Saturday, July 24, 2010

The Life of the World to Come

These are, of course, the final words of the Nicene Creed (not counting the obligatory "amen").  Lately, I've found myself wondering how this life beyond the world in which we live came to be of such concern to so many of us.  Reading about concepts of the afterlife in Roman paganism has prompted this speculation.

I find it interesting that so many managed to live without this concern, long ago.  The Romans seem to have had no opinion on the subject up until the first century C.E., judging from funerary inscriptions, and sometimes urged those still living to live it up while they can, so to speak.  The Epicureans and Stoics didn't seem to believe in any afterlife, or if so believed in one in which we simply merged with Nature or the Universal Reason.  Things began to be different in the Roman world with the onset of the eastern religions and cults, e.g. that of Isis, Cybele and Christ.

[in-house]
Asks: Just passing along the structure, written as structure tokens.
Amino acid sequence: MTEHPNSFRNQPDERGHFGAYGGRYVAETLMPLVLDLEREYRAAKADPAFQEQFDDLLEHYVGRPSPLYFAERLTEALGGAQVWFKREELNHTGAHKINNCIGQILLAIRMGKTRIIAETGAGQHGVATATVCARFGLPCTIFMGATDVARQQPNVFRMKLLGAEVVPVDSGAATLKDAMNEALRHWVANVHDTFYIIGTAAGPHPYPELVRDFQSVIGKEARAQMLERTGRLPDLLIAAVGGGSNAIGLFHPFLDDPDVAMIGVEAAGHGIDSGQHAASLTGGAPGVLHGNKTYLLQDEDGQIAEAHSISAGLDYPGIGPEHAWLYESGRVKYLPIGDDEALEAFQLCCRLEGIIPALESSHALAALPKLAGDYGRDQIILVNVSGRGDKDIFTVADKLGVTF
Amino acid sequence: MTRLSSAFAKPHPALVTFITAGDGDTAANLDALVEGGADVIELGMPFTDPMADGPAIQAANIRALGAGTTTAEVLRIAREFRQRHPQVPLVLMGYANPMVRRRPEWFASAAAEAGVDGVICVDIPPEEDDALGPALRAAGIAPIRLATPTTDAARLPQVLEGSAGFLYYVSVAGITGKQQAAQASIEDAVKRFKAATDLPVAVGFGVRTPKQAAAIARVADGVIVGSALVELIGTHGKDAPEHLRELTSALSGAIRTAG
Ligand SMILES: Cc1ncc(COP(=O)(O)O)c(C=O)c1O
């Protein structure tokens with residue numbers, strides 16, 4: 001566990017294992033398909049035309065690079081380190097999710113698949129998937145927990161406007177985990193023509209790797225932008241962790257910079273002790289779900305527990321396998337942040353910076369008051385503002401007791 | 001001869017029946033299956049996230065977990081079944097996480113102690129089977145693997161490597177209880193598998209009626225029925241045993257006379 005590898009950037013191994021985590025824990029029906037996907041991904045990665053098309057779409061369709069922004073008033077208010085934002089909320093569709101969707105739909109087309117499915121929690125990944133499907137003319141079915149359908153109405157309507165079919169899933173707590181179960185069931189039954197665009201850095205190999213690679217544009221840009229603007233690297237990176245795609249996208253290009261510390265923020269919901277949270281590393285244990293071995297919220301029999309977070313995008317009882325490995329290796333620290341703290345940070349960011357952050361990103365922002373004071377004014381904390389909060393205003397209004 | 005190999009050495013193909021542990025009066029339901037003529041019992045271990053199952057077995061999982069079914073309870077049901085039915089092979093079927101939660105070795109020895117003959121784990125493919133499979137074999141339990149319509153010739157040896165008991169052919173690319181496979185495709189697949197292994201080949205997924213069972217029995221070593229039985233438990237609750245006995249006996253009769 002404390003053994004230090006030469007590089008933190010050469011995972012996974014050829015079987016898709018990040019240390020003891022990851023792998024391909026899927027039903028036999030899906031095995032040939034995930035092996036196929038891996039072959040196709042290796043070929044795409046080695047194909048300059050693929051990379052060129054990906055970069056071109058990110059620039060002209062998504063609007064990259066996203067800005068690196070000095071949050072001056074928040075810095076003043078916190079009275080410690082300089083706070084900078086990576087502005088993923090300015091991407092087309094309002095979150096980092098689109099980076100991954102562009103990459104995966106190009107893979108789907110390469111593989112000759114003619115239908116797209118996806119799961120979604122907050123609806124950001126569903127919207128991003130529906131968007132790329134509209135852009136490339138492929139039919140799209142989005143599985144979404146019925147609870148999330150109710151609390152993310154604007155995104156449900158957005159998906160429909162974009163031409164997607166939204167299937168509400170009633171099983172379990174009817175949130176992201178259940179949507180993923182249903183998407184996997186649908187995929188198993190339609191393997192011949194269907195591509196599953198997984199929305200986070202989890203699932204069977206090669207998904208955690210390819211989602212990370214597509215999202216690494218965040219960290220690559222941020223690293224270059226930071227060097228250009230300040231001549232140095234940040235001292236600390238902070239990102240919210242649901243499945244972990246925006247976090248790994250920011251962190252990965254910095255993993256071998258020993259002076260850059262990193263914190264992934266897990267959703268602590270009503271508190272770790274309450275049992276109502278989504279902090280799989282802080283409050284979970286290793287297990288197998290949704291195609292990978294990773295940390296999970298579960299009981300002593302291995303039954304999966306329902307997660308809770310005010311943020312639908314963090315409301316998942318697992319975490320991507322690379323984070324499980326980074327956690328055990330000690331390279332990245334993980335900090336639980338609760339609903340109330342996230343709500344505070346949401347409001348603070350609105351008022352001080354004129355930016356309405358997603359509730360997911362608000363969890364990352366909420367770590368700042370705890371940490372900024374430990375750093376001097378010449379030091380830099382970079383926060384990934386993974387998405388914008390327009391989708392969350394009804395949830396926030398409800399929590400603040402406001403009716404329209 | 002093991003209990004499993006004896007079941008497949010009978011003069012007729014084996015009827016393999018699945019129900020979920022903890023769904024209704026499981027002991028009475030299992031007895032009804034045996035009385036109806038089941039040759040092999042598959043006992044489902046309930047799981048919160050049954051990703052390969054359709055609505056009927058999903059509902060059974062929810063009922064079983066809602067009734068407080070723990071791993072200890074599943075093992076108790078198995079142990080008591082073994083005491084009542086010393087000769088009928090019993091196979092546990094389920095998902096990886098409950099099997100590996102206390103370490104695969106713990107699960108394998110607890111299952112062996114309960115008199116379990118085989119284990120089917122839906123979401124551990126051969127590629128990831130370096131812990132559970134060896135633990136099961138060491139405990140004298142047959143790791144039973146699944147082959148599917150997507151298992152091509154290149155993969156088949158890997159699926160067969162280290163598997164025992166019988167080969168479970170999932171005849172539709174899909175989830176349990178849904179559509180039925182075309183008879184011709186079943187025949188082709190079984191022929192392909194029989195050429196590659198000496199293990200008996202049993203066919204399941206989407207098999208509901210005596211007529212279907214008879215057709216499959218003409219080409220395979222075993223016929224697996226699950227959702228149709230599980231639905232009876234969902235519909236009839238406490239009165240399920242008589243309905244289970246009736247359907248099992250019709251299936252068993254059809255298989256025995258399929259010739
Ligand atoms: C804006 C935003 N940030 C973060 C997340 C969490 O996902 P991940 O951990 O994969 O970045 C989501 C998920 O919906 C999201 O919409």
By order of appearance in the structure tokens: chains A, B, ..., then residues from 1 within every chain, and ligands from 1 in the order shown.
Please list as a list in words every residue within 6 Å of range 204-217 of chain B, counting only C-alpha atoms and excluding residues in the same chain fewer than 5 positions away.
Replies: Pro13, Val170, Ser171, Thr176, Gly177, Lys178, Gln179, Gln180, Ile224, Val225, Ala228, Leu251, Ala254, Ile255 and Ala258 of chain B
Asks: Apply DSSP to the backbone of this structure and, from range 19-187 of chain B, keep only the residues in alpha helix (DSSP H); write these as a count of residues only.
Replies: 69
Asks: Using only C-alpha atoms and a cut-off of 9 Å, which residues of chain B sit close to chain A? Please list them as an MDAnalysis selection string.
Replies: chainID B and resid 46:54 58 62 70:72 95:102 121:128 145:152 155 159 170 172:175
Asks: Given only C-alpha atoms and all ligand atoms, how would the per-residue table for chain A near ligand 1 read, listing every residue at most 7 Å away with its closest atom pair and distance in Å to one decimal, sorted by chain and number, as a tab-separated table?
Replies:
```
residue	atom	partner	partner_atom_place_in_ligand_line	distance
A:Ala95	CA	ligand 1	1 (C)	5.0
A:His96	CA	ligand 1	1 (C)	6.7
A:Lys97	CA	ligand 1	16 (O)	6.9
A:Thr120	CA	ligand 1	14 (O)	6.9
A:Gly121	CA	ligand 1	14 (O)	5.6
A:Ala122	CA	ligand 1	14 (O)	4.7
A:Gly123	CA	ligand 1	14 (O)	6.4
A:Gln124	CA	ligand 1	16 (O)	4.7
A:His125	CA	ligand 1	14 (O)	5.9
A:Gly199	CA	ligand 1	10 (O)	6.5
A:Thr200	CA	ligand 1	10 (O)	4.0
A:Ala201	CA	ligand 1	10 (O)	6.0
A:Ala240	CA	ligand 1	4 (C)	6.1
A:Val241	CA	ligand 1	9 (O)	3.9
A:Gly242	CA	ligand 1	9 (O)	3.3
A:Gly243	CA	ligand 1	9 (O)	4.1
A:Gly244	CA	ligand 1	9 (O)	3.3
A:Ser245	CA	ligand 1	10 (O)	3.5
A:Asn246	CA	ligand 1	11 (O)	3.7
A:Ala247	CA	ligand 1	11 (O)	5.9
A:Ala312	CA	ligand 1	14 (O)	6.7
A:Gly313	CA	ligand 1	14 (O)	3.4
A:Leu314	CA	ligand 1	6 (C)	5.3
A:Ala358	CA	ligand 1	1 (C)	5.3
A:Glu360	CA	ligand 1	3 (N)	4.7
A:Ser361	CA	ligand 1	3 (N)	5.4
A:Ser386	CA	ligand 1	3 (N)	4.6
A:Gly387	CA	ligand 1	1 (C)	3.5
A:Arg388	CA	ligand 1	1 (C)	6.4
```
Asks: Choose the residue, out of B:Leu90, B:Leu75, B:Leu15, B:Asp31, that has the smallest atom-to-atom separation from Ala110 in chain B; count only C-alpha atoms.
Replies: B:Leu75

This is not to say that those who did not believe in an afterlife were indifferent to immortality of a sort.  In the ancient west, it was considered important to to have achieved such glory in life that one would be remembered for long years after death.  I was somewhat disappointed to learn that Epicurus apparently decreed that his followers should celebrate his birthday after he dispersed into atoms.  If it was his desire that he be regularly honored after his death, this seems to diminish him, somehow.  Still, this is something different from the desire to have a continuous, personal existence.

It's interesting that many of the ancients found a way to live, and even do great things and think great thoughts without a belief that they would live on or be punished or rewarded after death.  One must wonder why it is so difficult for us to do so now.  I think of the near-hysteria which gripped so many of the romantics of the 19th century, especially, at the thought that there may be no God or no life beyond this world, and the contrast with these ancients is astonishing.  Did we simply grow so weak, so cowardly, so craven that we quiver in fear at the thought of our dissolution, questioning the meaning of our lives and the use of doing anything while they lived and fought and thought and worked and achieved regardless of their fate?

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